The Montecassino Monastery was founded by St. Benedict about 529 A.D.
on the remnants of a pre-existing Roman fortification of the Municipum Casinum. The heathen cult was still practiced on this mountain site
in the temple of Apollo and in a nearby holy grove to which a sacrifice
area was adjoining.
became famous for the prodigious life and the Sepulcher of its founder.
Through the ages, the abbey was looked upon as a place of holiness, culture
and art for which it became renowned on a world-wide level.
Around 577, the monastery was destroyed by the Longobards of Zotone, Duke
of Beneventum, but early in the eighth century Pope Gregory II commissioned
the Brescian Petronace to rebuild the monastery.
the Saracens invaded and sacked the Monastery and burnt it down, causing
the death of Bertarius its saint Abbot, Founder of medieval Cassino.
The surviving monks first fled to Teano and later to Capua. Monastic
life was only fully resumed towards the middle of the tenth century, thanks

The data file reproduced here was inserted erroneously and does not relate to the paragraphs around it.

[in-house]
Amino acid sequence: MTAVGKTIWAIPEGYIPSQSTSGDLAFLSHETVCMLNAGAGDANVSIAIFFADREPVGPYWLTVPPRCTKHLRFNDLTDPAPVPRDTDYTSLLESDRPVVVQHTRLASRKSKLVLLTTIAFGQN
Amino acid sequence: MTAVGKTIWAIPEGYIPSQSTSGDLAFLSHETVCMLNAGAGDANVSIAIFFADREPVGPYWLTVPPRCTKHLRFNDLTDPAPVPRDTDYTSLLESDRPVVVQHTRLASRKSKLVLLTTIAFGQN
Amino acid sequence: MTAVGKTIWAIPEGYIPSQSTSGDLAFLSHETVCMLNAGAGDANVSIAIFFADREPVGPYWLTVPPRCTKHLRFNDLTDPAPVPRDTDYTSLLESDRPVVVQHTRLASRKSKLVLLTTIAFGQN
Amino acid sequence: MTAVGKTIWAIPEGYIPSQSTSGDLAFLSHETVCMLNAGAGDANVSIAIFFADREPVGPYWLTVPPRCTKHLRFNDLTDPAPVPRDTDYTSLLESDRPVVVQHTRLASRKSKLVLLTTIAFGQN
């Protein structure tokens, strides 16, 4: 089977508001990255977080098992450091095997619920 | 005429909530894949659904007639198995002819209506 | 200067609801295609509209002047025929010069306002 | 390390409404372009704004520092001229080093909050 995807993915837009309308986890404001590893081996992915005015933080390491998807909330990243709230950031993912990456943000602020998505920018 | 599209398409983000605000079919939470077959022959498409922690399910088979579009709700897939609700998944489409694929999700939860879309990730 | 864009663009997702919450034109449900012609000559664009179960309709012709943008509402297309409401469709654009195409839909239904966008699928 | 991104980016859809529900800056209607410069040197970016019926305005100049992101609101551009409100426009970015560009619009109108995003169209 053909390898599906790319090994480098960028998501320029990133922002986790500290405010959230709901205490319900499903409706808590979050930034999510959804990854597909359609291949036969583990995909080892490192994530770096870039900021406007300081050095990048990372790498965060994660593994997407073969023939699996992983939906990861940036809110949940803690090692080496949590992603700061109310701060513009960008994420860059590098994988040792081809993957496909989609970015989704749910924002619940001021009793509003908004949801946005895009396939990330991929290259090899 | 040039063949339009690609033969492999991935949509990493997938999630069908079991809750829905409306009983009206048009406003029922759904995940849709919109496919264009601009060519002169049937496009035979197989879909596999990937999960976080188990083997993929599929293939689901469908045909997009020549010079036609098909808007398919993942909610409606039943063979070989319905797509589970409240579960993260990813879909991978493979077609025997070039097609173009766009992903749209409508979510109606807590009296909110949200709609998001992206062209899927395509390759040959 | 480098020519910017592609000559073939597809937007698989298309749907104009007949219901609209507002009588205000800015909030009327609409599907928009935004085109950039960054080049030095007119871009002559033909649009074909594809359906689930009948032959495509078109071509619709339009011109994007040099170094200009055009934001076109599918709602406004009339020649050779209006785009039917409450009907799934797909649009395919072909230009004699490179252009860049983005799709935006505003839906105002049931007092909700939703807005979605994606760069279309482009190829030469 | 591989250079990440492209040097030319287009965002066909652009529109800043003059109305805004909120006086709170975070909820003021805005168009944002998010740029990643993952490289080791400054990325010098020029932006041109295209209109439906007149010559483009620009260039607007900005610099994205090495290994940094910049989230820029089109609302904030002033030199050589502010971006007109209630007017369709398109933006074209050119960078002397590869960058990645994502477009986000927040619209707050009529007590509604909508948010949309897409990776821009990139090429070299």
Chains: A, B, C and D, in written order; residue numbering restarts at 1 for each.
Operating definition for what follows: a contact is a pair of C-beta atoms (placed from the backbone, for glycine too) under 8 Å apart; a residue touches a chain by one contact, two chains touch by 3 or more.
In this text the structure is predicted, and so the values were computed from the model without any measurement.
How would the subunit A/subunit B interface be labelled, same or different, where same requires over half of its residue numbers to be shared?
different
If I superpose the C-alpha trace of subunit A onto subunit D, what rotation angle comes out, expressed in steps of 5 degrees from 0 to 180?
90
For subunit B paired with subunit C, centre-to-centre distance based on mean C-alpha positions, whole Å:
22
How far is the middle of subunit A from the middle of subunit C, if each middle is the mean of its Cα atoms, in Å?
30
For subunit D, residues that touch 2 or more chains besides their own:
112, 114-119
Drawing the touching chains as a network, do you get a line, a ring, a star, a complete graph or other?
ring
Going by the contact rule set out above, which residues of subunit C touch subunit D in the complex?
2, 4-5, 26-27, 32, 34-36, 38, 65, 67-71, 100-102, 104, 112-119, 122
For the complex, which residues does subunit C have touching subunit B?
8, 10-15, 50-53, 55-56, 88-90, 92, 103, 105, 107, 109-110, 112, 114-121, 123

to Abbot Aligerno.
destruction, caused by an earthquake, occurred in 1349. Nothing but
a few walls remained of Abbot Desiderius' splendid building.
Many new additions and embellishments were made during reconstruction so
that the Abbey acquired the greatness and the imposing appearance it conserved
until February 15, 1944, during the final stage of world war II when Montecassino
happened to be on the firing line. This place of prayer and study
which had become in these exceptional circumstances a peaceful shelter
for hundreds of defenseless civilians, in only three hours was reduced
to a heap of debris under which many of the refugees met their death.
Reconstruction and decoration works took more than a decade and were exclusively
financed by the Italian State.